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How bout snapping a few pictures of how the steering is currently set up? Since you're changing things back to stock it is quite possible that other things were changed prior to you owning it, and as is evidence from reading enough of this forum, not everything done is done correctly or safely.

You never know you may post a pic and we can clearly see what the "pros" have clearly missed.

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post #8 of 19 Old 04-13-2011, 11:10 AM
Mobile_Homie
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How is a body lift going to affect steering??

X2 on the pictures!

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post #9 of 19 Old 04-13-2011, 07:51 PM
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Quote:
Originally Posted by Mobile_Homie View Post
How is a body lift going to affect steering??

X2 on the pictures!
Exactly. Why would you need to adjust your castor angles when all you've done is a body lift? But from the symptoms it sounds like it may have some long shackles on it.

If you can get a pic of the front end we may be able to spot something.

Stock shackles should be 4" from bolt hole center to bolt hole center. You should measure yours and see if they are. Long shackles can do what you're describing. I've driven Jeeps with long shackle lifts that could swerve over a lane without any reason at all.

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post #10 of 19 Old 04-13-2011, 10:34 PM
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The comment earlier about death wobble being a number of possibilities is very true. If it's not an obvious problem then it becomes a process of elimination. The first step is to narrow it to a tire issue or front end issue. If you have the option of bolting on another set of tires & wheels then try that first. If that is not possible then rotate the tires front to rear and see if that changes anything. If the problem persists after eliminating the tires then we need to start eliminating front end possibilities.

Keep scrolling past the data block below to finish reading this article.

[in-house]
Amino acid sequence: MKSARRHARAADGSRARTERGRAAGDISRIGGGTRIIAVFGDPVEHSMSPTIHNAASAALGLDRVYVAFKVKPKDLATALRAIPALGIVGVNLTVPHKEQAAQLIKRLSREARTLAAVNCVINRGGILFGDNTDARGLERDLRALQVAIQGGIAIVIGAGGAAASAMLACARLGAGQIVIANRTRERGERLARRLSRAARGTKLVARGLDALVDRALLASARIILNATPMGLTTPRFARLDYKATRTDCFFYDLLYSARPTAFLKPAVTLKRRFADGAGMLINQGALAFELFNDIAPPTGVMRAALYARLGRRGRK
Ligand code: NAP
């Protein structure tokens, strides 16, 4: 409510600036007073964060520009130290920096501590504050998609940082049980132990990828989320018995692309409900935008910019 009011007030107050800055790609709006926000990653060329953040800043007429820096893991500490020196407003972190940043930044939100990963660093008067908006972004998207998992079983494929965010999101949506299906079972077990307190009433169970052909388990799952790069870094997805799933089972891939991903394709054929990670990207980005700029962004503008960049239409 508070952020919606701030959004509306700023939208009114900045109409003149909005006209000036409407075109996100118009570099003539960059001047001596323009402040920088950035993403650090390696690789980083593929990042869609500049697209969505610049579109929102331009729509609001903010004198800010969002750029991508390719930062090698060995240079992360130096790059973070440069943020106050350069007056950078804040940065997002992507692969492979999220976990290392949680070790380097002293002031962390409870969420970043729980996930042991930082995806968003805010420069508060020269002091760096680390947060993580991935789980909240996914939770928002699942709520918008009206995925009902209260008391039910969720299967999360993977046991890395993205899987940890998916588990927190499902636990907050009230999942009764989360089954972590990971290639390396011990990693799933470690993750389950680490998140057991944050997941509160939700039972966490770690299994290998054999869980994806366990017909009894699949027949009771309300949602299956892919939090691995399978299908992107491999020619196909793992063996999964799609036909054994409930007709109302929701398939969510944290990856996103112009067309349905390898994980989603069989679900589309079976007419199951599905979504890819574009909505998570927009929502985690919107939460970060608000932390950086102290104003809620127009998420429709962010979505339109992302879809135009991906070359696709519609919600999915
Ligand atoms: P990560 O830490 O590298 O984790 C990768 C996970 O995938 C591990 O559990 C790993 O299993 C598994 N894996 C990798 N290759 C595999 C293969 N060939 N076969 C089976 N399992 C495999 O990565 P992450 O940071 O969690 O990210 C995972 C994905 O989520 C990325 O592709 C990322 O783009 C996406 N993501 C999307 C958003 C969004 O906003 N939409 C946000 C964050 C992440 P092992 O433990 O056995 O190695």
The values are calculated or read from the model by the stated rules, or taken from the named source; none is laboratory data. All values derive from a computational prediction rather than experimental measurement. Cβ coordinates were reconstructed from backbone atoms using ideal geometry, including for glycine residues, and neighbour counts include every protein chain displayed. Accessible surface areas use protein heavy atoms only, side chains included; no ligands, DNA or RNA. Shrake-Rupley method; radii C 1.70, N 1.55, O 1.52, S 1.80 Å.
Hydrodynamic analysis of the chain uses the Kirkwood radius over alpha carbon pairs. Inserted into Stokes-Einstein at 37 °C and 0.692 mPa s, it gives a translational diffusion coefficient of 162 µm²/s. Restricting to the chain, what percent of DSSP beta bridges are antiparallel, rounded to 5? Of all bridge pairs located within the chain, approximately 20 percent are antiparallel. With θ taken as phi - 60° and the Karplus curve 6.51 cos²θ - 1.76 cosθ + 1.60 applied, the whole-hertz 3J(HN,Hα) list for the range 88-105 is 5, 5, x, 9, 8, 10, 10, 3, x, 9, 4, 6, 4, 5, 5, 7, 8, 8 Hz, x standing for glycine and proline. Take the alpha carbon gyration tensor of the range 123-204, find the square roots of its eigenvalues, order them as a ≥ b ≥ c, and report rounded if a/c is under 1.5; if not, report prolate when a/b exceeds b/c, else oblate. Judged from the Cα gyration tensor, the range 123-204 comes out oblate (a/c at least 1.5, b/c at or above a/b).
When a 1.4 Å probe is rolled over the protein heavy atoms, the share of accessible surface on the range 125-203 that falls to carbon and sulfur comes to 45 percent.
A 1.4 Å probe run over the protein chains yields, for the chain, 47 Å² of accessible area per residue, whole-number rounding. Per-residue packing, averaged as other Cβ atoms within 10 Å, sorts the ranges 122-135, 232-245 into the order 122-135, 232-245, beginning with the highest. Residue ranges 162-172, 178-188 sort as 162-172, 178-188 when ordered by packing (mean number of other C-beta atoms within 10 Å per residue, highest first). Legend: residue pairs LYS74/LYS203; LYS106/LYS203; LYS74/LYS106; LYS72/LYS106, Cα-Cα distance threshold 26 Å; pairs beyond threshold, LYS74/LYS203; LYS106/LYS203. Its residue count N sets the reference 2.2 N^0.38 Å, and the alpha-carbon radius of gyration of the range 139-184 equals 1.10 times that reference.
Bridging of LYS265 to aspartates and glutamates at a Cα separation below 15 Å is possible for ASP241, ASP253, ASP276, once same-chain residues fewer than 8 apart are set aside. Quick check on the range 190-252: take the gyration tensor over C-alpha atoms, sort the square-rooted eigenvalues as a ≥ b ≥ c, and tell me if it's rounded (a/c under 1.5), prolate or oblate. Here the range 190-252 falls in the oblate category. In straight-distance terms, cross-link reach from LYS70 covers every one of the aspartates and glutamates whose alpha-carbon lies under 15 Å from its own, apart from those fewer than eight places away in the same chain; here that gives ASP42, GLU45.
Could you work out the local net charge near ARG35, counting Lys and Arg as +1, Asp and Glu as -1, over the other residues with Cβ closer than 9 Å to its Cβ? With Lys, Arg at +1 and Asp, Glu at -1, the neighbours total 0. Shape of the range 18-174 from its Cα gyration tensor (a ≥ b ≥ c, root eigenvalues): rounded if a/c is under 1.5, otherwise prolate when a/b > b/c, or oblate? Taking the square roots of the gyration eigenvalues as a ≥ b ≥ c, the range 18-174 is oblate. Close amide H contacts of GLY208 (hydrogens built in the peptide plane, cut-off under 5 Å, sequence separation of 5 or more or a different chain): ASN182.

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post #11 of 19 Old 04-14-2011, 12:10 PM Thread Starter
jollyzebra
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Thanks to everyone for the thoughts and ideas - the pictures are a can-do item but may take a day or two due to other commitments. Where does one get "caster shims"? What I am really interested in is turning my YJ into a reliable "work horse" to get me and my gear to the out of the way places that I like to go to fishing and taking pictures. At my age, ATVs are a little rough on the spine and joints. My YJ is a "rockn' (pardon the pun) chair" version that my body can stand.

Thanks again folks.
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post #12 of 19 Old 08-09-2011, 10:32 AM
SPORTSMAN4X4
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How did this end up? Did you ever put the front axle shims in and did it help?
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post #13 of 19 Old 07-31-2012, 08:16 PM
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I'd like to chime in here too. I have 6" shackles I believe, along with 31's. All on a 95 YJ 4.0 My steering is ......ok... just. It doesn't wander really, but it takes a bit of concentration to stay straight. It doesn't really have much of this centering affect, so I figured caster was at play here, or since the axle was effectively rotated when the shackles were installed, that I lost some caster. If I find these wedge/shims what degree would be recommended? I will do it myself installing them. I'm guessing as was said early on, 2 to 4 degree wedges...?
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post #14 of 19 Old 08-01-2012, 05:06 AM
chuck172
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Jollyzebra, I'm a 60 year old with a 20 year old YJ . And we have more in common, my steering is squirly too. No lift, thank God.
I've replaced the front leaf springs, two tie-rod ends, stabilizer bushings, steering gear box, and intermediate shaft and bearings.
Still squirly, but much better. All were contributing.
I think you've got good advice with the axle shims. Get your front end aligned, have them set the toe-in.
Get a reading on caster. Adjust with shims if necessary. Let us know how you make out.
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post #15 of 19 Old 08-03-2012, 01:31 AM
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"Bring out yer dead!"..... (old thread!)